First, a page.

The suggested solutions for the way out could be categorised into two — long term and short term. Long term measures are those steps that should be taken, but may take a very long time before the effects could be seen or felt. On the other hand, the short term steps are those that if taken, the impact can be felt almost immediately.
The long term steps include the return to agriculture and diversification which would transform the Nigerian economy from a mono-product based one that it is right now. We need to go back to the basis, which is agriculture that used to be the mainstay of the Nigerian economy in the 50s and 60s. The country’s history is replete with what the three defunct regions were able to accomplish with proceeds from the agricultural products that were peculiar to each of them.
One can still remember the famed groundnut pyramid and cotton in the North, cocoa and rubber plantations in the West and palm oil in the East. Edifices like the Cocoa House, Liberty Stadium, University of Ife (now Obafemi Awolowo University) among others are some of the remarkable structures put in place as proceeds from agricultural produce in the Western region alone. Till date, they are still cynosure of all eyes.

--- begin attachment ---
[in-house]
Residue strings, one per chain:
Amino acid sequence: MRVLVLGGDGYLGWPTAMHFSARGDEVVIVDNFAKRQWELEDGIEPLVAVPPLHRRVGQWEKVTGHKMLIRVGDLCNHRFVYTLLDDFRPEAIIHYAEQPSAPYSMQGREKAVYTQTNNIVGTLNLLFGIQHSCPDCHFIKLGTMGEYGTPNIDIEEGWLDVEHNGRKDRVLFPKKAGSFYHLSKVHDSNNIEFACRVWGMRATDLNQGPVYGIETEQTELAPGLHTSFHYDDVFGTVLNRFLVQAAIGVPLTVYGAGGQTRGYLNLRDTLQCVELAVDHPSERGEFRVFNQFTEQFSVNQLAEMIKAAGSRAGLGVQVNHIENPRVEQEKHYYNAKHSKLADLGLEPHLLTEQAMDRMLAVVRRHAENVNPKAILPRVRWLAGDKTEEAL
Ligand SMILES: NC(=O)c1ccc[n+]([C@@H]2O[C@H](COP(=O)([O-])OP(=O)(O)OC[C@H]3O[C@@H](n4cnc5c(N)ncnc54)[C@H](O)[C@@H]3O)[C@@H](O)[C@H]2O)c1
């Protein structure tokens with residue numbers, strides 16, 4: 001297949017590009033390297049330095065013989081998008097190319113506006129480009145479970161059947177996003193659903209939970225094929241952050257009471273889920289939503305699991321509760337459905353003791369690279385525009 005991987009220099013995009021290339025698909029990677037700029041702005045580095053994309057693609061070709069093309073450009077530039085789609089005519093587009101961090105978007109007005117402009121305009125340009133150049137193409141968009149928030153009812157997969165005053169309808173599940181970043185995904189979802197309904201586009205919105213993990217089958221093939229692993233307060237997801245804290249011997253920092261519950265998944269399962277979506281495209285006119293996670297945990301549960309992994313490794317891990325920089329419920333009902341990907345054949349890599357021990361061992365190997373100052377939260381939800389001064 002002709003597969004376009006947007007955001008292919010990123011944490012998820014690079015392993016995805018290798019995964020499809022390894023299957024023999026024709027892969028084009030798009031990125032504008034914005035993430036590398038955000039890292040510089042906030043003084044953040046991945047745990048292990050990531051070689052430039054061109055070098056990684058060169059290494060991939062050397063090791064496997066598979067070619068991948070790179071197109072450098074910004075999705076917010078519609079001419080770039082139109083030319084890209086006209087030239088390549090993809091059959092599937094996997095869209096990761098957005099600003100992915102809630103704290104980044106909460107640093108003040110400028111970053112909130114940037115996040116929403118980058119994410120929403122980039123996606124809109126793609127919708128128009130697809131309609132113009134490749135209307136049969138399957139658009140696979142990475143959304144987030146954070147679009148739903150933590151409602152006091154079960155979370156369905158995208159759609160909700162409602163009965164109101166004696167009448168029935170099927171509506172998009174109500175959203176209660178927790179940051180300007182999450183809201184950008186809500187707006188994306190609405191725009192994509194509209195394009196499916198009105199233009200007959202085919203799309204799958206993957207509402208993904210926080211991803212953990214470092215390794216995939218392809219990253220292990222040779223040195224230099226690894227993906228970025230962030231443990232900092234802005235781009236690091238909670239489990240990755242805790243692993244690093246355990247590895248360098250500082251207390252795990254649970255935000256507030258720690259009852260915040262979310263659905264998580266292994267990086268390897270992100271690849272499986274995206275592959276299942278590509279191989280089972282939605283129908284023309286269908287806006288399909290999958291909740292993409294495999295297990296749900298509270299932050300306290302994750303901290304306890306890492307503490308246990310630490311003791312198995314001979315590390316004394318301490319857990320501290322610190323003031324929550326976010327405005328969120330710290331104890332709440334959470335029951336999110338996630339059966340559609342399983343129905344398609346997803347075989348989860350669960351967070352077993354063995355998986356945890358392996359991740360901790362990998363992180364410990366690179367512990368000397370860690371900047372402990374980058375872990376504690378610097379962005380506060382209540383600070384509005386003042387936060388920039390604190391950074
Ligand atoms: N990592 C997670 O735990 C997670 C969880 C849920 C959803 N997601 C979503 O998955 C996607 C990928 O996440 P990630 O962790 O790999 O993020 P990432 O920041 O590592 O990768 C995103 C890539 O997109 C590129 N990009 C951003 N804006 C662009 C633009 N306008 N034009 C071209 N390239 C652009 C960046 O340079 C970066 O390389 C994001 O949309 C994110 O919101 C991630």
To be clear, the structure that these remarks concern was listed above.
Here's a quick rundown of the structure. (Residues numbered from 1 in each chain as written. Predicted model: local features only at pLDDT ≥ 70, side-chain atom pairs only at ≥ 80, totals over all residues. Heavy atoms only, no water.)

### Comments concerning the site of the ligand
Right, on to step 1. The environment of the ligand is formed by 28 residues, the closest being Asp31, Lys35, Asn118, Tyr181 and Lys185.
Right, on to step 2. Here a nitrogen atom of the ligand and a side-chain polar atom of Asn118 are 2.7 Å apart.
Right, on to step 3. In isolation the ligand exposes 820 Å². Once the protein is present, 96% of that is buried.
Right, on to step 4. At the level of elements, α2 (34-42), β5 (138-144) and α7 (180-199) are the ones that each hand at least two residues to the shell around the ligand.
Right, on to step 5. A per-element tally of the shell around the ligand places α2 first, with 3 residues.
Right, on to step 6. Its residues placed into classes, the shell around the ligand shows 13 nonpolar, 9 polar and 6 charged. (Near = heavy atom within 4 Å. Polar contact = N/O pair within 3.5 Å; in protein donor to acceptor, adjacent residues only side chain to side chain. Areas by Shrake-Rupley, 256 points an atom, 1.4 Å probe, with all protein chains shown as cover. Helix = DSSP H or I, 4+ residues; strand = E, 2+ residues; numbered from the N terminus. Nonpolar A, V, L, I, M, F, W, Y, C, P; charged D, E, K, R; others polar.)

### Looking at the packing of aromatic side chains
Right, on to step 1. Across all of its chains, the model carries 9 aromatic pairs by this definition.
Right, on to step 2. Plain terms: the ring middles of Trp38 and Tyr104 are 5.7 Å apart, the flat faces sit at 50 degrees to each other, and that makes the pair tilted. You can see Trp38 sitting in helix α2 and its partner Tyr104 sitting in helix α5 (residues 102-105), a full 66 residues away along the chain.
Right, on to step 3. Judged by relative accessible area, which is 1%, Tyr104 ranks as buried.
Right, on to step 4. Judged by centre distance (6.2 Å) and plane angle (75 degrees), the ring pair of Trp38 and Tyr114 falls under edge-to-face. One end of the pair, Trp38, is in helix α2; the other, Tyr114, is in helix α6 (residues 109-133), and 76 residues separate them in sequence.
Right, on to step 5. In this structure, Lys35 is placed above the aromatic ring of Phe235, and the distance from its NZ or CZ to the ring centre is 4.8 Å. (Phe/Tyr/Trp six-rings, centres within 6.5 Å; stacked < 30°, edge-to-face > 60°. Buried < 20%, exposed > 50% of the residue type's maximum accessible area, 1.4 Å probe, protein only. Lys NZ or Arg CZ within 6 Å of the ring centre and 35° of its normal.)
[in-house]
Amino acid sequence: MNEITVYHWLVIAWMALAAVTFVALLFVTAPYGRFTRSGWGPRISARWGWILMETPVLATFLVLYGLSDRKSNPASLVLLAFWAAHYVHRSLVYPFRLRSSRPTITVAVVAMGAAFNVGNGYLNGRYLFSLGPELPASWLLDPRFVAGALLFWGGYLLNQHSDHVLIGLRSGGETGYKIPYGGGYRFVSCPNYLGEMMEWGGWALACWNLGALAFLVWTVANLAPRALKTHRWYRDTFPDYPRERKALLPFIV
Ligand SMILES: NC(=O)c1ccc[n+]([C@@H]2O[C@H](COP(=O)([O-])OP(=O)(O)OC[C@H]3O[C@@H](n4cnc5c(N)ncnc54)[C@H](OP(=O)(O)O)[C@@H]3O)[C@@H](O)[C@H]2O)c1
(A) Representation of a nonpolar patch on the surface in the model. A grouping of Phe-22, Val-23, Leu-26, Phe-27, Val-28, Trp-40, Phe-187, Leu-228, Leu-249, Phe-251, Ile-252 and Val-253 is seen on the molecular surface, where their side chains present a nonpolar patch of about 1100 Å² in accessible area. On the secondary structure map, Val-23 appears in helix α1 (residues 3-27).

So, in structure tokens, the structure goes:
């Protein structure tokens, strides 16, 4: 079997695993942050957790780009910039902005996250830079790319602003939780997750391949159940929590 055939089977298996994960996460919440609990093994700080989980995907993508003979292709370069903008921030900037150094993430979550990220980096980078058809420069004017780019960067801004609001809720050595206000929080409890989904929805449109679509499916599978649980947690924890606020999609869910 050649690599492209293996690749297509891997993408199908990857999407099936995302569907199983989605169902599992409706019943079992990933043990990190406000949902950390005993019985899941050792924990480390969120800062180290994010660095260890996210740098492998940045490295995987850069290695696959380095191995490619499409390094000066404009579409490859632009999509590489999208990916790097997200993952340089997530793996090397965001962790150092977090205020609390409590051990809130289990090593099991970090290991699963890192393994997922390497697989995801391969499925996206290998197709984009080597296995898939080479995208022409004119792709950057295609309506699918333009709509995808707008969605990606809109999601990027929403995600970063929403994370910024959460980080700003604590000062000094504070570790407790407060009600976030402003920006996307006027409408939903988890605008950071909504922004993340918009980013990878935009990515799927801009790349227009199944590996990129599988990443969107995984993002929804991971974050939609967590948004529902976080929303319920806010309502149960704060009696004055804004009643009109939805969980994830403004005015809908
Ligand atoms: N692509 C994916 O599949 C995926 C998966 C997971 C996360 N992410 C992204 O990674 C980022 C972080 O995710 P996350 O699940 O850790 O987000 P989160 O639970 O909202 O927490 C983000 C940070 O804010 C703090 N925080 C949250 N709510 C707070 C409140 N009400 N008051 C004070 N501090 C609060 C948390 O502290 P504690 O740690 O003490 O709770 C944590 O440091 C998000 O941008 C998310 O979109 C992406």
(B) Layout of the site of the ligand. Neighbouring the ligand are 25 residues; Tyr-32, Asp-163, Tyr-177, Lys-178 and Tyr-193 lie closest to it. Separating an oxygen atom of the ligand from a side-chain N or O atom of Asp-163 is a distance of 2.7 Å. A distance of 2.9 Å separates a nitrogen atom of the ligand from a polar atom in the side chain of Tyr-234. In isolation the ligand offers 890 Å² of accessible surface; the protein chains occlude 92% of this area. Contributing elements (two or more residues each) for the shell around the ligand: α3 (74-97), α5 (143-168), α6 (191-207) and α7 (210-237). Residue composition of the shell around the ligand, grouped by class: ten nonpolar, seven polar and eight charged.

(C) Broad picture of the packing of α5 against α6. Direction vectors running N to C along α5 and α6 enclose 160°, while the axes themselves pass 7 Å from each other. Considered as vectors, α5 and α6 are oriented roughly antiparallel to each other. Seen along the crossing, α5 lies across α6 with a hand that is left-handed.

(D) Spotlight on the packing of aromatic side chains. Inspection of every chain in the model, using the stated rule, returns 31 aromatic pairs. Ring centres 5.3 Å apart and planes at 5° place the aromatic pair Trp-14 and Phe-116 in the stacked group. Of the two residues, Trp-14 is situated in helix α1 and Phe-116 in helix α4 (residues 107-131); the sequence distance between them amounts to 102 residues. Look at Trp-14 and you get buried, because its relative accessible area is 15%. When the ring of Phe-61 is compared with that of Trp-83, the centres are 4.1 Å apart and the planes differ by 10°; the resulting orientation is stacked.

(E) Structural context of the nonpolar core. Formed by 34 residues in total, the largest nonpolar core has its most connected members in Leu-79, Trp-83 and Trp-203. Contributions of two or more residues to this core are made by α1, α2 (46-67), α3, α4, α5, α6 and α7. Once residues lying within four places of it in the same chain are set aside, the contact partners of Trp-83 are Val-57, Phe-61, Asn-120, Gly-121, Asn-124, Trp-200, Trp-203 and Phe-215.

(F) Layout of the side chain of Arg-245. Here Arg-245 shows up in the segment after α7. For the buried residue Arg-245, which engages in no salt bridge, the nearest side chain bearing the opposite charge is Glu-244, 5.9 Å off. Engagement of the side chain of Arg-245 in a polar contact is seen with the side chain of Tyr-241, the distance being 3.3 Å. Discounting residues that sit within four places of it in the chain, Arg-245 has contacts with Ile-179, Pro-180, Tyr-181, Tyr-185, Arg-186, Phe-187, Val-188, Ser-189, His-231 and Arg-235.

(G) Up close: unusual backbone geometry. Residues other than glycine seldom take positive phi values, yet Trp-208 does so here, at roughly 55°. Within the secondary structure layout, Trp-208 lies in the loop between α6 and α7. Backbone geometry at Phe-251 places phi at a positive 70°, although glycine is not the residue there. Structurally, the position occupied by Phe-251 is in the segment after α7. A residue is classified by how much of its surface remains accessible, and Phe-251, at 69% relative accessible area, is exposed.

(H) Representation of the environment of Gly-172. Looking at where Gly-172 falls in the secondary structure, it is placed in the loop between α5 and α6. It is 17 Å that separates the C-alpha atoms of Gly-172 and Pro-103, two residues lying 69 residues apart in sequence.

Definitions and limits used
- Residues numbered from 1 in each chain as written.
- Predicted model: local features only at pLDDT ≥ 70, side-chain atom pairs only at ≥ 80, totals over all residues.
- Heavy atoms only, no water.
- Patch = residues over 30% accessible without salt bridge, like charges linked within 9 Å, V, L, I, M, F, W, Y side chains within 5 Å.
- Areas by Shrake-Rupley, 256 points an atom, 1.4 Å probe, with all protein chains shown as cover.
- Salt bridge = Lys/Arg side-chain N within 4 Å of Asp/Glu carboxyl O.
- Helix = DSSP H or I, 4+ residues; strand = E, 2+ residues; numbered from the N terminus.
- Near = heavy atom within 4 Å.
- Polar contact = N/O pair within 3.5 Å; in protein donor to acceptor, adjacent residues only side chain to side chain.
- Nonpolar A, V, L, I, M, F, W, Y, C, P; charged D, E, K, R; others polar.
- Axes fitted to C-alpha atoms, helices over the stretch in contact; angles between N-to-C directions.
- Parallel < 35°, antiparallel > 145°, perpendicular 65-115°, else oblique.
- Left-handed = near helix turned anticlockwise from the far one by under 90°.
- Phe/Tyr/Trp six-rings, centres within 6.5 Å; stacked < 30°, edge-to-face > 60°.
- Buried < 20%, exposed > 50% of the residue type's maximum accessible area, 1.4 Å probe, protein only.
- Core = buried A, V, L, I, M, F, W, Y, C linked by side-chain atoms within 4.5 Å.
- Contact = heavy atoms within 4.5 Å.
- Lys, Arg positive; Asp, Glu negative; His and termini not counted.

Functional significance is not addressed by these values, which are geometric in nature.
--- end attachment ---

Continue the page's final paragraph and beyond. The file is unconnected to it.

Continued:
It will, therefore, not be a bad idea if government moves to re-energise the agricultural sector. Needless to say, produce like groundnuts, palm oil, cotton, cocoa, rubber among other cash crops would become instant foreign exchange earners. This is not to forget that other food crops like rice, beans and millet could also be grown. Certainly, it will be a win-win situation for us; the country will earn foreign exchange, problem of unemployment would be solved and there would be food security.
Apart from earning foreign exchange, revamping the agricultural sector would certainly go a long way to breathe life into some local industries.
Still on long term steps, government should make haste to go into big time exploitation of natural mineral resources with which the country is blessed. Mineral resources like coal, tin, iron ore, limestone, niobium, lead and zinc among others are available in large commercial quantities in different parts of the country. With the aid of technology, all these could become instant money spinner for Nigeria.
Government should also try to strengthen tourism potentials to become another source of foreign exchange earnings. The United Arab Emirates (UAE) has travels and tourism as the major thriving sector of her economy; Nigeria also can do the same.
So much for long term steps, for short term interventions, government, particularly at the centre and state level, should as a matter of urgency and necessity take a second look at some expenditure which could be reduced or done away with altogether. Such expenditure include security votes, appointment of political aides, state banquets, retinue of aides, and long convoys, among such other sundry and frivolous spending. Governance, at this time, should be streamlined and excesses checked.
•Sekoni, a public affairs analyst, lives in Ogun State.